There’s No Such Thing as Big Data in HR

An important thing we have to remember when we throw around the term “big data” is that there is nothing inherently special about it—it is just our colorful way of saying, “We have a lot of numbers.” Particular caution should be exercised with big data in HR. In an article for Harvard Business Review, Peter Cappelli dispels notions that big data will solve all of HR’s problems and outlines some more practical considerations for improving HR.

A Simple Truth

Cappelli goes so far as to say that big data for HR does not literally exist in many cases, in that businesses do not typically employ millions of people, and data is not captured on a regular-enough basis. Thus, the standard big data software tools are an impractical fit for HR. Cappelli elaborates with this:

For most companies, the challenge in HR is simply to use data at all — the reason being that the data associated with different tasks[,] such as hiring and performance management, often reside in different databases. Unless we can get the data in those two databases to be compatible, there is no way to ask even the most basic questions, such as which applicant attributes predict who will be a good performer. In short, most companies — and that includes a lot of big ones — don’t need fancy data scientists. They need database managers to clean up the data. And they need simple software — sometimes even Excel spreadsheets can do the analyses that most HR departments need.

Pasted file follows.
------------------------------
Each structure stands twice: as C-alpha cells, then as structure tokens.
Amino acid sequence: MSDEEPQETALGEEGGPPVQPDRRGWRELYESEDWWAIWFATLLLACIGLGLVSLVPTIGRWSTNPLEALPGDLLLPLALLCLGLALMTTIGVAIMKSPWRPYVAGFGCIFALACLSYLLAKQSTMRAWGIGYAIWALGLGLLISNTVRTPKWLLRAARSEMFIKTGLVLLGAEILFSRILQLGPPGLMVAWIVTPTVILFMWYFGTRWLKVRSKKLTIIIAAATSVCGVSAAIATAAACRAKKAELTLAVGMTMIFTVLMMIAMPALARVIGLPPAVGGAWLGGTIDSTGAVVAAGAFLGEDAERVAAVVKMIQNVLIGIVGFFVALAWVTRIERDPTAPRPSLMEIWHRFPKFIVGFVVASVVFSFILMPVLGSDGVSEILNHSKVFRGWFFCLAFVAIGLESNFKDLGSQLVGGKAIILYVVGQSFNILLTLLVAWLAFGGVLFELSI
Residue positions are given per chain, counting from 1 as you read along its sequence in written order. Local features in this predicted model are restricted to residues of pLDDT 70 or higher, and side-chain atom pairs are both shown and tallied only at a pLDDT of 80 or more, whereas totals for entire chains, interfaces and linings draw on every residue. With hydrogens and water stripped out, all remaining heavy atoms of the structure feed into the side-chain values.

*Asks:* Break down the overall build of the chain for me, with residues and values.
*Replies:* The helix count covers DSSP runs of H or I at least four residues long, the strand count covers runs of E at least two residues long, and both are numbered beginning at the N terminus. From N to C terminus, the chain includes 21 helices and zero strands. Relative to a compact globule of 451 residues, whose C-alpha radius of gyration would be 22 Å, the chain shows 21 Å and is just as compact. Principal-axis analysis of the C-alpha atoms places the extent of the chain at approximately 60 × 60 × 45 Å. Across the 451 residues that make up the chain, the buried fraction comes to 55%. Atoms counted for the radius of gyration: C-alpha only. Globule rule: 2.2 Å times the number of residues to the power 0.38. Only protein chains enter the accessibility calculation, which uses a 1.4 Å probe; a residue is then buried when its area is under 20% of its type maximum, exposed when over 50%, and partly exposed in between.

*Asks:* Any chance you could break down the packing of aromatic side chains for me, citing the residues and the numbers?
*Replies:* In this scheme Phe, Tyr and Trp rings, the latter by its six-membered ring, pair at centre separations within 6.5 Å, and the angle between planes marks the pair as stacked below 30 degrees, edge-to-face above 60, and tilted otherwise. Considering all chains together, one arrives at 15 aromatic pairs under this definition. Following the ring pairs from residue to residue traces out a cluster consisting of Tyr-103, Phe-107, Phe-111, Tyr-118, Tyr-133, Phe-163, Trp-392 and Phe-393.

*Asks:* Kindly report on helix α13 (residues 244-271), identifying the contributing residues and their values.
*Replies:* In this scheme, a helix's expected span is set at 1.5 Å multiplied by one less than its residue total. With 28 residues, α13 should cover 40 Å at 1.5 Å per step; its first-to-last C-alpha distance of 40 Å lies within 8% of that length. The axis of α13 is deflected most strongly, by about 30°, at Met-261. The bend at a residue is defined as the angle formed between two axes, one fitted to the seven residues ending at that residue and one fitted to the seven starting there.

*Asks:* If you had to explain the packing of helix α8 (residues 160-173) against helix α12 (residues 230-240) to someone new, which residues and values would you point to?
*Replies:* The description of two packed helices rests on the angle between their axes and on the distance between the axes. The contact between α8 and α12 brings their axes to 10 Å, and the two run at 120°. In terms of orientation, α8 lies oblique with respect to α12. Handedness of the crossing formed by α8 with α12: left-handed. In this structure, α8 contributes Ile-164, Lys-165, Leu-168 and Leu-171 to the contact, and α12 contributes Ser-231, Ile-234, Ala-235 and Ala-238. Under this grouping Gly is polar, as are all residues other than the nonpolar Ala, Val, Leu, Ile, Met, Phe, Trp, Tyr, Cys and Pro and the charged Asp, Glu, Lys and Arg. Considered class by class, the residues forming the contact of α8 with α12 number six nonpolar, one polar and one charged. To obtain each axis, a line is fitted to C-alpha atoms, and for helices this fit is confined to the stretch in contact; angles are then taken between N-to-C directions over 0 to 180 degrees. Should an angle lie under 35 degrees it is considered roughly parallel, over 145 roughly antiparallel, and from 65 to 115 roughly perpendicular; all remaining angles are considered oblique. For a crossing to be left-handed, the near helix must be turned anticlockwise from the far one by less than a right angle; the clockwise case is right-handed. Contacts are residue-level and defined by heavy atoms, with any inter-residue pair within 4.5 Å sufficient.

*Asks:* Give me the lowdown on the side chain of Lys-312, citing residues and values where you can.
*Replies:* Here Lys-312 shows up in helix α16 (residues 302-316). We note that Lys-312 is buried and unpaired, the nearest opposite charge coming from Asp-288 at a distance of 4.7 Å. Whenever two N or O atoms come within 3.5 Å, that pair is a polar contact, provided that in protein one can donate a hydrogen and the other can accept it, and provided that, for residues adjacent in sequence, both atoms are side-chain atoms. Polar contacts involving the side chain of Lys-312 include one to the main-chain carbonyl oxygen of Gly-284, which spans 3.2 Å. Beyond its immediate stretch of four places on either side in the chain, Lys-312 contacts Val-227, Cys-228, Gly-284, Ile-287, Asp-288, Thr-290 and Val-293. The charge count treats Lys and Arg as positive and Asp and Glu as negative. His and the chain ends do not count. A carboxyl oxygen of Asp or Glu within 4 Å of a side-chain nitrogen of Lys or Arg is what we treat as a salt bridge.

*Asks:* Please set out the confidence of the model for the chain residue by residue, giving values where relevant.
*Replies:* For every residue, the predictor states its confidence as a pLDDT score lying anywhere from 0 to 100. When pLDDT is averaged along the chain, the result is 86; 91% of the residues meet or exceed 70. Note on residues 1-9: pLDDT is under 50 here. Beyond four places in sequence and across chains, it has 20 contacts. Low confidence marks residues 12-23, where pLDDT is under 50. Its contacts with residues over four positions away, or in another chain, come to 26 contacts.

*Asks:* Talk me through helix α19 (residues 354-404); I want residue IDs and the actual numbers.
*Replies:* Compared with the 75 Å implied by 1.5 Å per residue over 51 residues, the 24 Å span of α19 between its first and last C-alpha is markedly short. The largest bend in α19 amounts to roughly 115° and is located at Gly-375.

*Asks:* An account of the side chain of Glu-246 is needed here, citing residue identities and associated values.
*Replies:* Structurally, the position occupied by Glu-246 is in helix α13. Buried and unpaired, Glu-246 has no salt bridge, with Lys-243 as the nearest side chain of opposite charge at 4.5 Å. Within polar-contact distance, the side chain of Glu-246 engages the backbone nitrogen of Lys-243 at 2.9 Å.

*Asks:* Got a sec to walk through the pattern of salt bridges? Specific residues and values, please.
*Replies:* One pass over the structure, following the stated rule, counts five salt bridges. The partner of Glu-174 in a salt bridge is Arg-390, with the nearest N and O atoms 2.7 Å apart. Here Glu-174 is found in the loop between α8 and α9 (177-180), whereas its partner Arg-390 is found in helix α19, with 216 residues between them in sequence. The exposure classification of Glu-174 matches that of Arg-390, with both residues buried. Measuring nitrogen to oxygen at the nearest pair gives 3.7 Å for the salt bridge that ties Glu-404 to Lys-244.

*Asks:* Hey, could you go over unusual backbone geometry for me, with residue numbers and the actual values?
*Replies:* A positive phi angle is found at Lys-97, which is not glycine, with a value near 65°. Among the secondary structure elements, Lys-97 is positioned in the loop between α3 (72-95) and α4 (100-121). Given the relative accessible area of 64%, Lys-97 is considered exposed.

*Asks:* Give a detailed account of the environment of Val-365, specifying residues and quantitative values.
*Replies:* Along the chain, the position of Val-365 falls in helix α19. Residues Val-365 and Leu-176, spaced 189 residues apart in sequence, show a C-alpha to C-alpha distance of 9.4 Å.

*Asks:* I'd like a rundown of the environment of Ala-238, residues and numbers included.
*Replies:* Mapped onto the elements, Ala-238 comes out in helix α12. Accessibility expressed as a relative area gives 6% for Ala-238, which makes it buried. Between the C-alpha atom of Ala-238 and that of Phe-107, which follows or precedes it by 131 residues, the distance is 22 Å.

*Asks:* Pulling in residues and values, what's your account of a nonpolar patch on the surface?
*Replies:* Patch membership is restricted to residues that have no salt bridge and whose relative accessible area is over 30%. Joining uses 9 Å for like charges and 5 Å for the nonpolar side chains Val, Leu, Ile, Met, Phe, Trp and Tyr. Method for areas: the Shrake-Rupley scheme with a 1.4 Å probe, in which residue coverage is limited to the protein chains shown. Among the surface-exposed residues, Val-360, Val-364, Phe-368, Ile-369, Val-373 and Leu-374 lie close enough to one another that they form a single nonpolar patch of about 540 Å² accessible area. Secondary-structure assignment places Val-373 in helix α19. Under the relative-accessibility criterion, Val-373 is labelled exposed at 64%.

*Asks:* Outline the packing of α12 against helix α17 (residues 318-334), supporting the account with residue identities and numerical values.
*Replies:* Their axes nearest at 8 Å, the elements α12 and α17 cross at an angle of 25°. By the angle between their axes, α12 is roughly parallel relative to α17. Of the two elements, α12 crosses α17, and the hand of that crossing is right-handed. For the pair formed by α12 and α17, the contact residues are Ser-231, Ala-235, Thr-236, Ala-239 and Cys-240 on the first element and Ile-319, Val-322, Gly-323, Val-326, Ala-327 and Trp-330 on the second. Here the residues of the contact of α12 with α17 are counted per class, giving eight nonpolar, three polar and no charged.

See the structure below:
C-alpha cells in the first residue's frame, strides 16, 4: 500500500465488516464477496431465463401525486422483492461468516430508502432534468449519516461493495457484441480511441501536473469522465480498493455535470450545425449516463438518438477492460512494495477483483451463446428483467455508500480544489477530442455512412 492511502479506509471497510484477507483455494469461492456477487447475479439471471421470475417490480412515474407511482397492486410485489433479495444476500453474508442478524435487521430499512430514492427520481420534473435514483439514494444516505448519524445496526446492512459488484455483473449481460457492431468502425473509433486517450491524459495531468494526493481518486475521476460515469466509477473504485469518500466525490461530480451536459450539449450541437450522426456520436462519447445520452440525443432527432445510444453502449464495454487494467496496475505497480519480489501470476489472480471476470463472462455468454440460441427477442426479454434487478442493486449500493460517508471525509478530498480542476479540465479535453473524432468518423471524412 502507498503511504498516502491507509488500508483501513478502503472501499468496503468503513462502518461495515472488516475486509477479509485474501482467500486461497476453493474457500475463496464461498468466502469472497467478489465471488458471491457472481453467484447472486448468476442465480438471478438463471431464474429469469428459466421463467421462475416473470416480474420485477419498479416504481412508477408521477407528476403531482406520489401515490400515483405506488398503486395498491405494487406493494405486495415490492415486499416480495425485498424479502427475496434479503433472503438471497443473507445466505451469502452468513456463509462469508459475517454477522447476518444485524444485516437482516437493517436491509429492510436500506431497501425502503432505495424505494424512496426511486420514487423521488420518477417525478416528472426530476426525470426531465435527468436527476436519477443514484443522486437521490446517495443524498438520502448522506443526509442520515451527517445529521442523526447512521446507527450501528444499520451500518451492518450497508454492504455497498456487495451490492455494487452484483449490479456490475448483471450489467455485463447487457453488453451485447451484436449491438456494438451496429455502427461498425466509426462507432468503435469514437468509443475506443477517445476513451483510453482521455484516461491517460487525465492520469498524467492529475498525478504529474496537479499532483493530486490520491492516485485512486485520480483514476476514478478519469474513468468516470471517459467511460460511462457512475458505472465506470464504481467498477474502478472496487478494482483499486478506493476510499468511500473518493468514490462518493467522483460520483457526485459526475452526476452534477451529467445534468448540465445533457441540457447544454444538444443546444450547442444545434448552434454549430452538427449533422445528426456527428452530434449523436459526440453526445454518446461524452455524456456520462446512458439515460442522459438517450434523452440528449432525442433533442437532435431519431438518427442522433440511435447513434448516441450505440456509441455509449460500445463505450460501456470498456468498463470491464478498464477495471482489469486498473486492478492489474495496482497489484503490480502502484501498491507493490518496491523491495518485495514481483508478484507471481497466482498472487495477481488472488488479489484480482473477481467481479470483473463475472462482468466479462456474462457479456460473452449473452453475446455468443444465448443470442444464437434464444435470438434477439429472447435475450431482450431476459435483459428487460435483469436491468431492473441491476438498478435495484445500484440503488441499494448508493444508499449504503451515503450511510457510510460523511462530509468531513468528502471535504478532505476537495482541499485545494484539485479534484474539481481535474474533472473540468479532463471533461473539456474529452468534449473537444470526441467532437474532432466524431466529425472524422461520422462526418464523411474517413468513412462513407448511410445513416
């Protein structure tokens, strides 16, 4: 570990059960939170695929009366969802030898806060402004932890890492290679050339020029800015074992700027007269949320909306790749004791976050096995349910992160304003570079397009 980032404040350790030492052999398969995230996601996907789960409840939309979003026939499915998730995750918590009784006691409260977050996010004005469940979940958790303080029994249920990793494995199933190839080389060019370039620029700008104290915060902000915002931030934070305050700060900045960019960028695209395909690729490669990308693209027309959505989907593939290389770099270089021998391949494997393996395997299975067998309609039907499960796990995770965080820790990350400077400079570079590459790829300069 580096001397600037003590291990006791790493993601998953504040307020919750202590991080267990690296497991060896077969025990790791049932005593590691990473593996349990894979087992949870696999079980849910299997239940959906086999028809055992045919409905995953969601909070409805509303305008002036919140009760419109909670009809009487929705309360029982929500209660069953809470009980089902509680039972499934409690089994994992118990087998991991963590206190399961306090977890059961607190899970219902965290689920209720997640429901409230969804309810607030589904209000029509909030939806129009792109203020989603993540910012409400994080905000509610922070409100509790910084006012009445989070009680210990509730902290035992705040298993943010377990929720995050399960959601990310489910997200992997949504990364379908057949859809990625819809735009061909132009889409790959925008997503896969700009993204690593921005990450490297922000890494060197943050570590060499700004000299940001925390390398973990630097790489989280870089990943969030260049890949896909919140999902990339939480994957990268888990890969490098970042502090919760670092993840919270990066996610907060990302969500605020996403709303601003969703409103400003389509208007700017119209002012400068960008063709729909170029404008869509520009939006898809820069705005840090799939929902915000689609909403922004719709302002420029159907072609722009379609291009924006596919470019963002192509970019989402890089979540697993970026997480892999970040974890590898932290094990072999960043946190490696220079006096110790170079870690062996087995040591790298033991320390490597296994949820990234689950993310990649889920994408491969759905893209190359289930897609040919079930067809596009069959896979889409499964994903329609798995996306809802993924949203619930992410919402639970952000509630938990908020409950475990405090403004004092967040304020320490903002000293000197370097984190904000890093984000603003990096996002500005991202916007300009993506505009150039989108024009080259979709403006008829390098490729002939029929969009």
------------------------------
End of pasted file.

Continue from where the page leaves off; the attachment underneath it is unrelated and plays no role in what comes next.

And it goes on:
He continues to note that the features that determine a good hire have been studied and remained relatively stable for around a century, meaning it is unlikely that big data targeted at HR will yield a massive new insight in the way it has for other aspects of business. So if you want to improve employee retention and quality of hires, just keep working with the sensible basics. For instance, seek out turnover spikes and their potential catalysts, or listen for if there are consistent complaints about work. Cappelli also notes that pulse surveys—“short, very quick, sometimes daily surveys”—are a good way to know how employees truly feel about work on the whole.

You can view the original article here:

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